"When Lomborg concludes that '...the loss of the world's rainforests, of fertile agricultural land, the ozone layer and of the climate balance are terrible...' I agree. But we also need debate, and this book provides us with that in generous amounts, incl 2428 footnotes. If you, like I do, belong to the people who dare to think the world is making some progress, but always with mistakes to be corrected, this book makes important reading." Professor Lars Kristoferson, Secretary General, WWF Sweden

"...probably the most important book on the environment ever written." booksonline

"Lomborg is right on his points, that his critique of much green activism and its reporting in the media is just, and, above all, that where there is room for disagreement, Mr Lomborg invites and facilitates discussion, rather than seeking to silence it." The Economist Feb 2002


Dumps Al Gore into the waste tip of science, March 22, 2007
Sutton (London, England) - See all my reviewsEvery time I dirty my hands sorting my rubbish into cardboard, plastic, glass etc, or hear a politician tell me that "we are running out of waste sites" I think of this book. Lomborg destroys the sacred cows of the environmental movement using those old-fashioned tools called fact and logic. Amongst other things, he shows that global warming is not necessarily man's fault, and sometimes it is better for the environment to bury waste rather than recycle! Of course, it won't make any difference. Environmentalism is a religion and religious faith is impervious to reason.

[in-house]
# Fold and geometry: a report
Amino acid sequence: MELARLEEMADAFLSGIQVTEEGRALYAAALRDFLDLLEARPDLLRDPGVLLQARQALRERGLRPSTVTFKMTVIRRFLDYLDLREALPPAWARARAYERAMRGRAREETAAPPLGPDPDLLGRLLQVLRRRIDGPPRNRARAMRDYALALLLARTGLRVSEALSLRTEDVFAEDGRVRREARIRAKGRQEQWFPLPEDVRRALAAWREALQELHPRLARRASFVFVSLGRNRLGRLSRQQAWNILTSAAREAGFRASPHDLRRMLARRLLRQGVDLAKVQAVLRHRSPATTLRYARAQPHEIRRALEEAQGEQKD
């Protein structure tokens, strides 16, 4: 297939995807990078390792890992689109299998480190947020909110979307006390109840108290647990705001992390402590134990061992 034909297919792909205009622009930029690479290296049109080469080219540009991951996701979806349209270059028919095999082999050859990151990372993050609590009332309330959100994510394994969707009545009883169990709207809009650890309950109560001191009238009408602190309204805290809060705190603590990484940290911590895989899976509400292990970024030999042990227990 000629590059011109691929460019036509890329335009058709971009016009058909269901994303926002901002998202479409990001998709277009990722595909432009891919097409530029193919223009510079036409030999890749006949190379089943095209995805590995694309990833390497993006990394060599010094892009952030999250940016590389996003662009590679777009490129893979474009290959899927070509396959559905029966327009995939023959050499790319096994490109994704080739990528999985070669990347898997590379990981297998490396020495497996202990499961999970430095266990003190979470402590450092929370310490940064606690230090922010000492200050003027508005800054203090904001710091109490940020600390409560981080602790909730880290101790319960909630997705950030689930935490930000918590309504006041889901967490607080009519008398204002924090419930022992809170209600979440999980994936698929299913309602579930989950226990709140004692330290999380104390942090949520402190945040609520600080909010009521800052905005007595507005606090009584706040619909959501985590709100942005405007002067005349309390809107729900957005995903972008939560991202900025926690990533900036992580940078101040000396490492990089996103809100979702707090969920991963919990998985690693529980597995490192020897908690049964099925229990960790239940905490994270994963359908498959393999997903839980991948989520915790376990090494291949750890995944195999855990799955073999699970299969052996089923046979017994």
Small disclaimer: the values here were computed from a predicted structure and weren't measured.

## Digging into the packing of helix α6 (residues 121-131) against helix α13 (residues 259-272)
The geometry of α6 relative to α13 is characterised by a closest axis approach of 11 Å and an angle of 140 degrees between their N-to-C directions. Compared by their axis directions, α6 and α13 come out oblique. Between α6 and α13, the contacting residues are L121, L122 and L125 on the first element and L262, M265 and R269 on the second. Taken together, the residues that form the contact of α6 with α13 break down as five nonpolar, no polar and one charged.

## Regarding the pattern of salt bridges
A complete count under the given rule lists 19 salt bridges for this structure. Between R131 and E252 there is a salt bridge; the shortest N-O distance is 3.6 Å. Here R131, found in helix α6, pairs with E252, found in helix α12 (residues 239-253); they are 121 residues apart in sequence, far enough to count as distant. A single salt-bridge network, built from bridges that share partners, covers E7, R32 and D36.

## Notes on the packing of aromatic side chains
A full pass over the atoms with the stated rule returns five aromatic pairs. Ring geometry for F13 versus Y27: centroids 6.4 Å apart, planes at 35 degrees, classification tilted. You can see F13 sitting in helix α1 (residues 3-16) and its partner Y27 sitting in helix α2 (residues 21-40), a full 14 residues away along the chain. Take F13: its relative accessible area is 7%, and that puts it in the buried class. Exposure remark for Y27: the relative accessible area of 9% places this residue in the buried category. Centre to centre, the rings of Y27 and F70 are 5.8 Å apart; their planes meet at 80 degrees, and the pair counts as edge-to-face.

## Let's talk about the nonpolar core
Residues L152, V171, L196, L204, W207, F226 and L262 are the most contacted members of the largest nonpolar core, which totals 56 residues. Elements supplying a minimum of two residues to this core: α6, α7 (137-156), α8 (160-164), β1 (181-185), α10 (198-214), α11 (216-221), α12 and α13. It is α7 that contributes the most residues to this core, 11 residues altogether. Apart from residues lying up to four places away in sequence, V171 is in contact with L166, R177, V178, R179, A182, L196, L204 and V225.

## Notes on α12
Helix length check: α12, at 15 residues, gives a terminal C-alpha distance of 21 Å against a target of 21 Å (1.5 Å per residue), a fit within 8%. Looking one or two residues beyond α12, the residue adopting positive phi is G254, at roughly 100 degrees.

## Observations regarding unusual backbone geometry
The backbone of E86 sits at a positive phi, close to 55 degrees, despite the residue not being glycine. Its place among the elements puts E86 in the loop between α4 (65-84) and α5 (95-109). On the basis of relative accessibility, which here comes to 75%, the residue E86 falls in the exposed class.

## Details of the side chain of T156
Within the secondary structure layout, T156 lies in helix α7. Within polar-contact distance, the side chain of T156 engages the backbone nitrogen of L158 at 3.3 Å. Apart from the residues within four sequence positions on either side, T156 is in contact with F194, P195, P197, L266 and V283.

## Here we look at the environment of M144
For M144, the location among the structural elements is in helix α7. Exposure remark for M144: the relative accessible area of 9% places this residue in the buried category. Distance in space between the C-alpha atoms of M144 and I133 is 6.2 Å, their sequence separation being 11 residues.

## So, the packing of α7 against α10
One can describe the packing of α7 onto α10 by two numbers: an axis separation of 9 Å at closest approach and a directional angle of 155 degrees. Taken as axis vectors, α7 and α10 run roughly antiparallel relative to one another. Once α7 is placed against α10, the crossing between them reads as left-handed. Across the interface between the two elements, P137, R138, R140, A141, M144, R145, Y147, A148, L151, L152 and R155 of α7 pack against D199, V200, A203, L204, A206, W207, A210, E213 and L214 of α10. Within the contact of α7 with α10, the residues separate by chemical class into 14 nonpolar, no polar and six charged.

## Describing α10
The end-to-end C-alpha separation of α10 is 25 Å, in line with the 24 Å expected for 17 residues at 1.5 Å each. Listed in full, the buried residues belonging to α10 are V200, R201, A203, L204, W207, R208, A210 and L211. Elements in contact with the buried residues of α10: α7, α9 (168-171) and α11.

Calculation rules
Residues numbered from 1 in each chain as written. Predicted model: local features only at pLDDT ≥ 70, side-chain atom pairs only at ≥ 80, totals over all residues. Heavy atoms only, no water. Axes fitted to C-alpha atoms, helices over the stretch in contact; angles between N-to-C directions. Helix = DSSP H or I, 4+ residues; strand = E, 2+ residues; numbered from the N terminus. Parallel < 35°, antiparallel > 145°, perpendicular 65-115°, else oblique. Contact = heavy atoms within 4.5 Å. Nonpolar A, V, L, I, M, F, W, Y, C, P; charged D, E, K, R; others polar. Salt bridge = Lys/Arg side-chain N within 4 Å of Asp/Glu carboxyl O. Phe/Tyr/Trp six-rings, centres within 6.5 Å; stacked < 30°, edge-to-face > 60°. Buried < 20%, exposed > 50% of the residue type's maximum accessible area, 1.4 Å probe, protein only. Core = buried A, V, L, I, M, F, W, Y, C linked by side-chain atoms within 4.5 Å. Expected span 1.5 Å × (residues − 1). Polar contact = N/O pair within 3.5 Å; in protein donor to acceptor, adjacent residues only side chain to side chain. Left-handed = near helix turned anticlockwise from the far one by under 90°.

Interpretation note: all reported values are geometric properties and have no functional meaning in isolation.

In a word; Comprehensive., March 10, 2007
Kevin N. Persson - See all my reviews Mr. Lomborg has produced what is probably the most detailed and even-handed study on the environment. In a nutshell; he states that there is more that we can do, but pokes holes in the arguments of the doomsayers. A word to the wise. This is no light read. The book is filled with facts and figures that are illustrated with graphs on almost every page. Think of it as a textbook. If you are serious about wanting to learn about the problems of the earth and the challanges they present, without the hyperbole, this is the one book you should read.

Read what the fuss is all about, February 20, 2007